For too many years, any type of fat was demonised and banished from our diets. The assumption that fat was universally harmful. The association fat has of what slowly emerged in too larger ratios around our waistline continues to haunt us. To date, fat is seen as the pure evil around weight loss.
However, ongoing research since the 1960s has shed light on the crucial role that certain fats play in maintaining our health. Understanding the differences between fats can help the naysayers make, by far, better dietary choices and improve our overall well-being.
Contrary to the old belief (and over the last few decades, a strong lobby to keep the lesser-preferred fat sources in the supermarkets), fats are not entirely bad for us. In fact, our bodies need some fat to function optimally.
Fats serve as a major source of energy. They aid in the absorption of vital vitamins and minerals, and play a crucial role in various bodily processes, including building cell membranes, insulating nerves, and promoting proper blood clotting and muscle movement.
All fats share a similar chemical structure, comprising carbon and hydrogen atoms. The key differences lie in the length and shape of the carbon chain, as well as the number of hydrogen atoms connected to the carbon atoms. These seemingly minor variations result in significant differences in how fats function within our bodies.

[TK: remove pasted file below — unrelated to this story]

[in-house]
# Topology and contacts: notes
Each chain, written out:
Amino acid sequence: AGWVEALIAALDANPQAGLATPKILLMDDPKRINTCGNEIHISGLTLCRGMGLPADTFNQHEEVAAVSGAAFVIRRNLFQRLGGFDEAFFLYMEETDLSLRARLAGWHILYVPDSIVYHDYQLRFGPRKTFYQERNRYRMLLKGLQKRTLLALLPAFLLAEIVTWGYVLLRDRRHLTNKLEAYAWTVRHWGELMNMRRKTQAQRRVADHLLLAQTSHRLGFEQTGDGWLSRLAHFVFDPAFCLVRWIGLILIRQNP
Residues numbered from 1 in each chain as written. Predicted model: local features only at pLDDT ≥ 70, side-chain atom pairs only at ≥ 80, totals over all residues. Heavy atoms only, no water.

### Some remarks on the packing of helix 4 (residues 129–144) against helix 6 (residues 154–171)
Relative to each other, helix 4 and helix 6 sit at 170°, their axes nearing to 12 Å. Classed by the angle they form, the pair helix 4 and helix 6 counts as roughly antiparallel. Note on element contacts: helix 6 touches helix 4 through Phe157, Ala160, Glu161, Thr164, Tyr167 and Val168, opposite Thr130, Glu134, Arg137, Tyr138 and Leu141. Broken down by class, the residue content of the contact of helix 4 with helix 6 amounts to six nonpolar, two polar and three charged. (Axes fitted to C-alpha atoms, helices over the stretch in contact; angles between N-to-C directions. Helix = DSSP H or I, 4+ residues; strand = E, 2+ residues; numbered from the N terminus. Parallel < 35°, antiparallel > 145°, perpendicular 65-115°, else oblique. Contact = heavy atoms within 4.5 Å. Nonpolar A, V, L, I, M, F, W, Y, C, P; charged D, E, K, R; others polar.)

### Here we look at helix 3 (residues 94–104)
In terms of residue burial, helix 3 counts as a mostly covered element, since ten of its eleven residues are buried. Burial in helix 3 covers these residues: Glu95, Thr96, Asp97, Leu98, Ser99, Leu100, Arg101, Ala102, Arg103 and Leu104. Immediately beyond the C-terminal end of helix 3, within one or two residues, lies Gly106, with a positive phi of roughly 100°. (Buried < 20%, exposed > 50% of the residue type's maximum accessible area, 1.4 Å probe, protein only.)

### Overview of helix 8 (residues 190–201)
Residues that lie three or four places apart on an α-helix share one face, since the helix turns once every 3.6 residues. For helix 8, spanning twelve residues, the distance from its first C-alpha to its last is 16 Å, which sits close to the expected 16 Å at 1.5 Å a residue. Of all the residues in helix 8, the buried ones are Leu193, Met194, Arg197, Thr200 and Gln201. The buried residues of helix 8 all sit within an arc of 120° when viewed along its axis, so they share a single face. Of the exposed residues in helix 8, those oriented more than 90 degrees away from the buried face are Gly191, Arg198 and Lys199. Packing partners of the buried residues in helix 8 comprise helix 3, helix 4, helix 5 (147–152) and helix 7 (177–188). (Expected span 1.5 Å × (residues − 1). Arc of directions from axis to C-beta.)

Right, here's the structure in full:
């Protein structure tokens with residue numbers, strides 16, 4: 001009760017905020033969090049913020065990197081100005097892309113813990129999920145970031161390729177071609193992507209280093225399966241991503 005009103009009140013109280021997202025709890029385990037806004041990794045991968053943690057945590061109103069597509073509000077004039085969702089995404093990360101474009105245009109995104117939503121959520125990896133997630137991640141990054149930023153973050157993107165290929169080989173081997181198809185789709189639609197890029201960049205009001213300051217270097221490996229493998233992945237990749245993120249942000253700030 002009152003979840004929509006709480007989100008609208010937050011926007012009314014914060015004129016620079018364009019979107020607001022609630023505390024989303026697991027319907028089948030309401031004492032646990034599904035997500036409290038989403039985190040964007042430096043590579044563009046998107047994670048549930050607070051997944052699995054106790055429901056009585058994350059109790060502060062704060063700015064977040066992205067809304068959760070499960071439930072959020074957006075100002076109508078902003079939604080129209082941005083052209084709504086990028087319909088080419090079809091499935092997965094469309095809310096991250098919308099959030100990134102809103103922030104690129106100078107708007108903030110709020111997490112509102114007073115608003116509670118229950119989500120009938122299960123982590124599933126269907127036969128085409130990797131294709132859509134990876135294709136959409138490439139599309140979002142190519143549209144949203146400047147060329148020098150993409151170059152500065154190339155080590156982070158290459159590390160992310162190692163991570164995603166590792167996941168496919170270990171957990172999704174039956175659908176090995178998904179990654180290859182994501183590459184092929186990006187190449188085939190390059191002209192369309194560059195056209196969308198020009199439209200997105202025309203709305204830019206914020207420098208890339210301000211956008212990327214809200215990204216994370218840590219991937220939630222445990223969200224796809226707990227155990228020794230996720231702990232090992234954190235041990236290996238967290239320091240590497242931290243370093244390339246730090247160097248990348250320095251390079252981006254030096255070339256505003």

Among the three main types of fats, trans fats are the most harmful and have no known health benefits. Trans fats are produced through a process called hydrogenation, which turns healthy oils into solid fats. This is all done to enhance shelf life and prevent rancidity. These fats are commonly found in solid margarines and processed foods, even though unofficially banned in many countries.
Eating foods rich in trans fats increases LDL cholesterol (the harmful type) in the bloodstream while reducing the beneficial HDL cholesterol. This imbalance between LDL and HDL leads to inflammation, which is linked to various chronic conditions such as heart disease, stroke, and diabetes. Moreover, trans fats contribute to insulin resistance, increasing the risk of developing type 2 diabetes.
Even small amounts of trans fats can have a significant negative impact on health. According to a Harvard study, every 2% of daily calories from trans fats increases the risk of heart disease tenfold!
Saturated fats fall somewhere between trans fats and the healthier alternatives. They are commonly found in animal products like meat and dairy, as well as some plant-based oils. While excessive consumption of saturated fats may raise LDL cholesterol levels, they may not be as harmful as trans fats when consumed in moderation.
Monounsaturated and polyunsaturated fats are the healthier options, and they should be preferred in anyone’s diet. These fats can be found in foods such as avocados, olive oil, nuts, and fatty fish. They play a protective role in heart health by reducing LDL cholesterol and promoting the beneficial HDL cholesterol.
Additionally, they are rich in essential omega-3 and omega-6 fatty acids, which are crucial for brain function and overall well-being.
Just to reiterate – not all fats are created equal.
While trans fats are unquestionably harmful and should be avoided at all costs, saturated fats should be consumed in moderation. The real heroes of this fat story are monounsaturated and polyunsaturated fats, which offer numerous health benefits and should be included as part of a balanced diet.
By making informed choices about the fats we consume, we can take significant steps toward improving our long-term health.
It’s simple. If it jiggles, it is fat | Arnold Schwarzenegger